“I grew up in the desert and was always outdoors. I loved the creatures of the desert and thought everybody loved snakes, spiders and Gila Monsters.”
“INTERNATIONAL AUTHORITY AND ANTIVENIN RESEARCHER...”
Growing up in Tucson, surrounded by the Sonoran Desert and its many types of venomous creatures, Leslie Boyer understood from an early age the suffering and disability that can come from snake, spider, scorpion and other bites and stings.
But this didn't deter her an instant from studying the desert's dangerous denizens. "Scary creatures are just more interesting than most anything else," she believes.
Thanks to this early interest and her lifelong study, an area of medicine once considered a scientific backwater has become a research frontier, and Boyer is internationally recognized for her contributions to antivenin research in a multifaceted career that also encompasses public health and education.
Nominated as a Local Legend of Medicine by Rep. Jim Kolbe (R-AZ-8), Boyer is Medical Director of the Arizona Poison and Drug Information Center (APDIC), Associate Professor of Clinical Pediatrics at the University of Arizona College of Medicine, and Director of Clinical Toxicology for the US Army Darnell Emergency Medicine program.
She has focused attention on venomous bites and stings as a little-recognized public health issue, including emphasizing the need to develop antivenin serums and medications. Thanks to her collaboration with toxicologists from the University of Arizona Health Sciences Center (UAHSC), the U.S. Food and Drug Administration licensed the first and only antivenin to be approved in the modern era.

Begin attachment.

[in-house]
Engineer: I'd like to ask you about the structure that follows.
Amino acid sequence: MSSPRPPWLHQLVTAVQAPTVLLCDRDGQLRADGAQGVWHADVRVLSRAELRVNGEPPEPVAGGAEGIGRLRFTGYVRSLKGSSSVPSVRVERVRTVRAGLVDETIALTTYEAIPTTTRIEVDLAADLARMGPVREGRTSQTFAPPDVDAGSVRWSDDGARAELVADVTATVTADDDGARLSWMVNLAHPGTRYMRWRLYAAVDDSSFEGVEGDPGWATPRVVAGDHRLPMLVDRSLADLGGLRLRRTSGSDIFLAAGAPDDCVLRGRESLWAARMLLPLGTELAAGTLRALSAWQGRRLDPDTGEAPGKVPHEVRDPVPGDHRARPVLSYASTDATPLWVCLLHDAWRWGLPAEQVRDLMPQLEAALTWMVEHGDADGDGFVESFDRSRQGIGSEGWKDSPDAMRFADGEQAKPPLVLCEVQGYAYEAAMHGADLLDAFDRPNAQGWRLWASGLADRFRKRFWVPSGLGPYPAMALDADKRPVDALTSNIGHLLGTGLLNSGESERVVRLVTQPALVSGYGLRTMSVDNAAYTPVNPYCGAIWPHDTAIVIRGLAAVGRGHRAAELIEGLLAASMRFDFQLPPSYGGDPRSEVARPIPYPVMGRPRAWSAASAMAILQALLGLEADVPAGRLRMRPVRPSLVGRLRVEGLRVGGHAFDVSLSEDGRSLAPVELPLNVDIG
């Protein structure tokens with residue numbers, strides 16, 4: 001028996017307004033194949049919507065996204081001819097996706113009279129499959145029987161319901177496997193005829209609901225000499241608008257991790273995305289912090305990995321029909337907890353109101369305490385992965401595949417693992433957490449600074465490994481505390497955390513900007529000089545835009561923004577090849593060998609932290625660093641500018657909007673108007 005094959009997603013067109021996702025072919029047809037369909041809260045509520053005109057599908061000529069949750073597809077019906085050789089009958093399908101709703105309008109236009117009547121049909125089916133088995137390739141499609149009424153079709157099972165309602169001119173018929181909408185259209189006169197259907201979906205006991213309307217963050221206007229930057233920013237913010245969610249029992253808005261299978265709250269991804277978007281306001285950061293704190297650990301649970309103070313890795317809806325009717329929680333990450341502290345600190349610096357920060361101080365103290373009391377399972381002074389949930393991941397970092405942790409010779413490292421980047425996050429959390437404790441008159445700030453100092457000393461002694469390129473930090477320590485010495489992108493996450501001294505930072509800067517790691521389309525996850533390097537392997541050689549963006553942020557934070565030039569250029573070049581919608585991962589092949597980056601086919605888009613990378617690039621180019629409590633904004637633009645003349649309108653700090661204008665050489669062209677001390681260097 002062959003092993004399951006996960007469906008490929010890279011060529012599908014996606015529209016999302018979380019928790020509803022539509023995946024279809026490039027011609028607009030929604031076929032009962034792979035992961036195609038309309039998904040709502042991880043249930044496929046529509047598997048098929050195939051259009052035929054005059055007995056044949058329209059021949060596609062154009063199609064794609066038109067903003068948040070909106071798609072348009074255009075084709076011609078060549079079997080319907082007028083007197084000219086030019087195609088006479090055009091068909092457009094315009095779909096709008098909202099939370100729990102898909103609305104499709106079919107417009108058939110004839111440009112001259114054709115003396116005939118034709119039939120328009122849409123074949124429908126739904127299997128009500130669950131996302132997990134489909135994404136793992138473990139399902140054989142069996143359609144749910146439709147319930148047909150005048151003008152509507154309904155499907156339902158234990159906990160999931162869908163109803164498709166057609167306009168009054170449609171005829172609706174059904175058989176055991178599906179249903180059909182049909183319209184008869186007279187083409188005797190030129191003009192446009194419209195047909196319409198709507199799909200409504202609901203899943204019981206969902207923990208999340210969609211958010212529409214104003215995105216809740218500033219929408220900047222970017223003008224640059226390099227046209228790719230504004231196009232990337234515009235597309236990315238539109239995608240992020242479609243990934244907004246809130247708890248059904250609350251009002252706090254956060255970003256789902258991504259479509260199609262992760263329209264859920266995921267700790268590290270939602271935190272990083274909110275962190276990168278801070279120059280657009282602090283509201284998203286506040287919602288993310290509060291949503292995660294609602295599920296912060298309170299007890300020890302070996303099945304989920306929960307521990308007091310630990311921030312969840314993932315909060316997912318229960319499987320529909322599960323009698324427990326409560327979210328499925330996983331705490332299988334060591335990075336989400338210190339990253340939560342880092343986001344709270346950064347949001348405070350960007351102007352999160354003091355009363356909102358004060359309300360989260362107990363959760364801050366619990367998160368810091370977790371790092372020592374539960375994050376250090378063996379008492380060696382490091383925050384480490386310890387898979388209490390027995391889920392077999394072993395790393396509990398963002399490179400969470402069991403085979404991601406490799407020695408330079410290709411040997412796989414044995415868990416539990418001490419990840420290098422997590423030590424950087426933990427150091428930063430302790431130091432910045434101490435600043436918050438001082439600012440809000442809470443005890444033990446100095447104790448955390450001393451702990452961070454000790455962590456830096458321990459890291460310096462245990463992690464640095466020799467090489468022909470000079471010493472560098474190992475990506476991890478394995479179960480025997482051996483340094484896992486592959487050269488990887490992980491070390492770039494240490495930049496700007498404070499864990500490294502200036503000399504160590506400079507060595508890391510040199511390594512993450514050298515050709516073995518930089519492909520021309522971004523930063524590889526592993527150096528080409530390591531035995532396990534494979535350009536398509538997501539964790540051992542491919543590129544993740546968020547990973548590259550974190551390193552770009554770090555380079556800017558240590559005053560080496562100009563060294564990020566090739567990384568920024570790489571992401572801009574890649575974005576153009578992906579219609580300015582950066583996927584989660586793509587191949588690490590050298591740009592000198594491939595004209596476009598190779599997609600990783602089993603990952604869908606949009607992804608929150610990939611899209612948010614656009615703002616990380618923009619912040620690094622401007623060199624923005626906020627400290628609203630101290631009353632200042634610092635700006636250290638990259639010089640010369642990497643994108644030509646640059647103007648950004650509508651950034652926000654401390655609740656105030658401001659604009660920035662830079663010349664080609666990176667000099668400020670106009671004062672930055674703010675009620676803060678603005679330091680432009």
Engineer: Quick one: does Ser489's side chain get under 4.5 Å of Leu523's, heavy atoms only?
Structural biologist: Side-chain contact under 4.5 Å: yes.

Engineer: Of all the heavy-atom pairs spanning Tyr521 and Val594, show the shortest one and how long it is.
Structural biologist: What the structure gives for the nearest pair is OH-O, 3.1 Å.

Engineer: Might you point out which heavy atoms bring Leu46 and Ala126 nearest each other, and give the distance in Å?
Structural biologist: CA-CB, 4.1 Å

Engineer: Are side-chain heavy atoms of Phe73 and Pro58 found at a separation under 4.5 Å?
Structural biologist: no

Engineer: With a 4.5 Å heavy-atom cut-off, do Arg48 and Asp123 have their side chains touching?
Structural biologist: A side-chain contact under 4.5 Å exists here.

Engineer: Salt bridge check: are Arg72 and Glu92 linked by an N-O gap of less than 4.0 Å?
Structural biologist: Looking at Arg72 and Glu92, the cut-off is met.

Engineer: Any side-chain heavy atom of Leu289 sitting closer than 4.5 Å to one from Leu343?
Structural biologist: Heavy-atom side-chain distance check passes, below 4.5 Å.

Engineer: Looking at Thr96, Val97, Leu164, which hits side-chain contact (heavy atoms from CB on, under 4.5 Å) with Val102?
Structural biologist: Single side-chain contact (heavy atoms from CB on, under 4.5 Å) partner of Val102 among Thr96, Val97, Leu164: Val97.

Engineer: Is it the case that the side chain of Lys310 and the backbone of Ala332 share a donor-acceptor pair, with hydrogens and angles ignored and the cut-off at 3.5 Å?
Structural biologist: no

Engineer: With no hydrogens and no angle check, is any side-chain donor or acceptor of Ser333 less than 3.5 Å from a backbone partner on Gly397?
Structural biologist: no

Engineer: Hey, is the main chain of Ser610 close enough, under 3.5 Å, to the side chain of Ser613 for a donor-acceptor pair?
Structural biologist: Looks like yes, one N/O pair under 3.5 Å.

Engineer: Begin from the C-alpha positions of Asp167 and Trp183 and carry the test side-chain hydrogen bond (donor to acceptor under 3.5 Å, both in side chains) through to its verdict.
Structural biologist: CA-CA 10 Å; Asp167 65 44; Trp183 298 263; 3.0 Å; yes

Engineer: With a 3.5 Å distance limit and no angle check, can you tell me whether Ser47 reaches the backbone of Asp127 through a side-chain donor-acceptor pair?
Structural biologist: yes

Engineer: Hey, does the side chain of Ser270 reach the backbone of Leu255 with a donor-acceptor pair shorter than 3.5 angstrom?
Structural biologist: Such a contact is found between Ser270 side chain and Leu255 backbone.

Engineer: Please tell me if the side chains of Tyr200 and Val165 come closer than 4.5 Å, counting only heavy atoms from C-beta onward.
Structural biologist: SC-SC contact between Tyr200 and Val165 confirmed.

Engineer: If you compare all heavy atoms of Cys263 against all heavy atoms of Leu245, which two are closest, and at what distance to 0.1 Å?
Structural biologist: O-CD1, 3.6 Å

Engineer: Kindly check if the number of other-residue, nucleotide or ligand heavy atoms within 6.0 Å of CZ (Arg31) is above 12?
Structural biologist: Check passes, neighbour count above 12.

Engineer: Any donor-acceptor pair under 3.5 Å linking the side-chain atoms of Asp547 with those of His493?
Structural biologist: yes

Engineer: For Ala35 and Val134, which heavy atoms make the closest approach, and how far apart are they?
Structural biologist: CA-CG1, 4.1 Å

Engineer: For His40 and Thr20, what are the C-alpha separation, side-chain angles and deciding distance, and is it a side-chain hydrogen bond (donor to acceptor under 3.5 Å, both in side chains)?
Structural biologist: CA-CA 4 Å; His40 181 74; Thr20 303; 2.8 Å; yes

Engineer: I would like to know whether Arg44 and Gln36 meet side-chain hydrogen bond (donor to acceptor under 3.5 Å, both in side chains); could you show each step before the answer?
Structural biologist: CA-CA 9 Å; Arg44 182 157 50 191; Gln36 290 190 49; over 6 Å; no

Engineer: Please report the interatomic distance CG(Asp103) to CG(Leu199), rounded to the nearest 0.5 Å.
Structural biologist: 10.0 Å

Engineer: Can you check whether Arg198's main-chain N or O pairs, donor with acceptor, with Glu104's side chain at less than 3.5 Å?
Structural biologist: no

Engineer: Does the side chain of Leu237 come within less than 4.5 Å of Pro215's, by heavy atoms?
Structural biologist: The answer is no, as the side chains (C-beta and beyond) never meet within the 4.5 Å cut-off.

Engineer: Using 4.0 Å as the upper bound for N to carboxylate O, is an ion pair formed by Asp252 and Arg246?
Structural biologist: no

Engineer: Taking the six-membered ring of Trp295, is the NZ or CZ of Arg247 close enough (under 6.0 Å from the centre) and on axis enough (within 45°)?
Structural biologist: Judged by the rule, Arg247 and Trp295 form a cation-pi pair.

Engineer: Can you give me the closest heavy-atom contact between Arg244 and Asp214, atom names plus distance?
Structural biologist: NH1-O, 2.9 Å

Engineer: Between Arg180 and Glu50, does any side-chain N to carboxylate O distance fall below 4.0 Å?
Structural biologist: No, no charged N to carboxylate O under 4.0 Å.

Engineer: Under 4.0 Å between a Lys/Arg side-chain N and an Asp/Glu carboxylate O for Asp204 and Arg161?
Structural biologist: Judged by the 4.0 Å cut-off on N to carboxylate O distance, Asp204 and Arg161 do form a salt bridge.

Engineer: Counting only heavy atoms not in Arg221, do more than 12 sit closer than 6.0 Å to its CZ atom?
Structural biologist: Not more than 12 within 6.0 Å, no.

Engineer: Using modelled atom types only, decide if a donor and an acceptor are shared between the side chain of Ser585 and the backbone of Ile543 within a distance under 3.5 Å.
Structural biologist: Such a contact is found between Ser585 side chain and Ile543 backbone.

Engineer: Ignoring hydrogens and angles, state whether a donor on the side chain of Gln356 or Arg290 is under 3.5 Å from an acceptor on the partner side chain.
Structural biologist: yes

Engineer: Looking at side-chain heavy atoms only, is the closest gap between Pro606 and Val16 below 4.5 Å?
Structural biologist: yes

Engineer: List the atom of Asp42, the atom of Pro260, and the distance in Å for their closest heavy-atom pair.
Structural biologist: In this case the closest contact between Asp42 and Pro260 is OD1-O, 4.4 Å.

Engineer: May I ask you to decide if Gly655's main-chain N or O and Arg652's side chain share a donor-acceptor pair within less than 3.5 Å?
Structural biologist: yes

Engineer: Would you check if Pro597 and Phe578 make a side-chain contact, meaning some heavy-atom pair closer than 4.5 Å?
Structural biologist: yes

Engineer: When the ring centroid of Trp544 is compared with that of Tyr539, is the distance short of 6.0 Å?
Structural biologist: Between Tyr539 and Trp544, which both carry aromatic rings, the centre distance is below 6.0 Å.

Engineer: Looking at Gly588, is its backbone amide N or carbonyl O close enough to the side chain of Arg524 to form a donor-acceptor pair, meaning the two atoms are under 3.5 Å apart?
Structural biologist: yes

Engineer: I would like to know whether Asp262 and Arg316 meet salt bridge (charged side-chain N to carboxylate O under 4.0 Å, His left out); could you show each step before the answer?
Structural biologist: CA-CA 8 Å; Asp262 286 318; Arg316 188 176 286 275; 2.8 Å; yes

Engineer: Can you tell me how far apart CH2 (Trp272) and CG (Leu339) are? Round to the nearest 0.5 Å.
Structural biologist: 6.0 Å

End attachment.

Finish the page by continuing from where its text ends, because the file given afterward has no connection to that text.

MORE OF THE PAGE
Under her vision and leadership, the Arizona Poison and Drug Information Center (APDIC) was formed, becoming one of the first of its kind in the country to offer poison and medication-related emergency treatment advice, poison prevention information, and referrals and information on poisons and toxins.
Boyer has worked tirelessly to secure the public support and funding necessary for APDIC's survival and expansion, including its extensive public information and education programs about toxic hazards in the community.
"There is so much to learn from venomous creatures," she says. "I hope someday to help find the compatibilities among medicine, biology and phylogenetics that will lead to new medicines. That's going to be a research frontier for many years to come."
Prior to her arrival at UAHSC in 1989 as Chief Resident in Pediatrics, Boyer completed a two-year residency in pediatrics at Children's Hospital Boston. In 1991, she completed a fellowship in Clinical Toxicology at the University of Arizona.
A four-time winner of the UAHSC Dean's List for Excellence in Teaching Award, in 1994 she was recognized with the Governor's Award for Excellence for her participation in Arizona's Comprehensive Environmental Risk Program, which brought together stakeholders from around the state to identify the various environmental concerns impacting Arizona's quality of life and, as a by-product, establish a baseline of useful information, such as poison control.
She was inducted in 1996 into the Alpha Omega Alpha Medical Honor Society. As an acknowledged expert snake and scorpion poisoning, Boyer has appeared numerous times on television and radio, including National Geographic, The Discovery Channel and National Public Radio. She is widely published, with more than ten chapters in scholarly books and monographs, and over twenty medical journal articles and abstracts. She also is a popular presenter at toxicology and poison treatment seminars.
Fellowship in Medical Toxicology, University of Arizona Health Sciences Center, Tucson
Appointed Medical Director, Arizona Poison and Drug Information Center, Tucson
Appointed Associate Professor of Clinical Pediatrics, Health Sciences Center, Tucson
Appointed Medical Executive Committee, University of Arizona Medical Center
Harvard Medical School, Boston, MA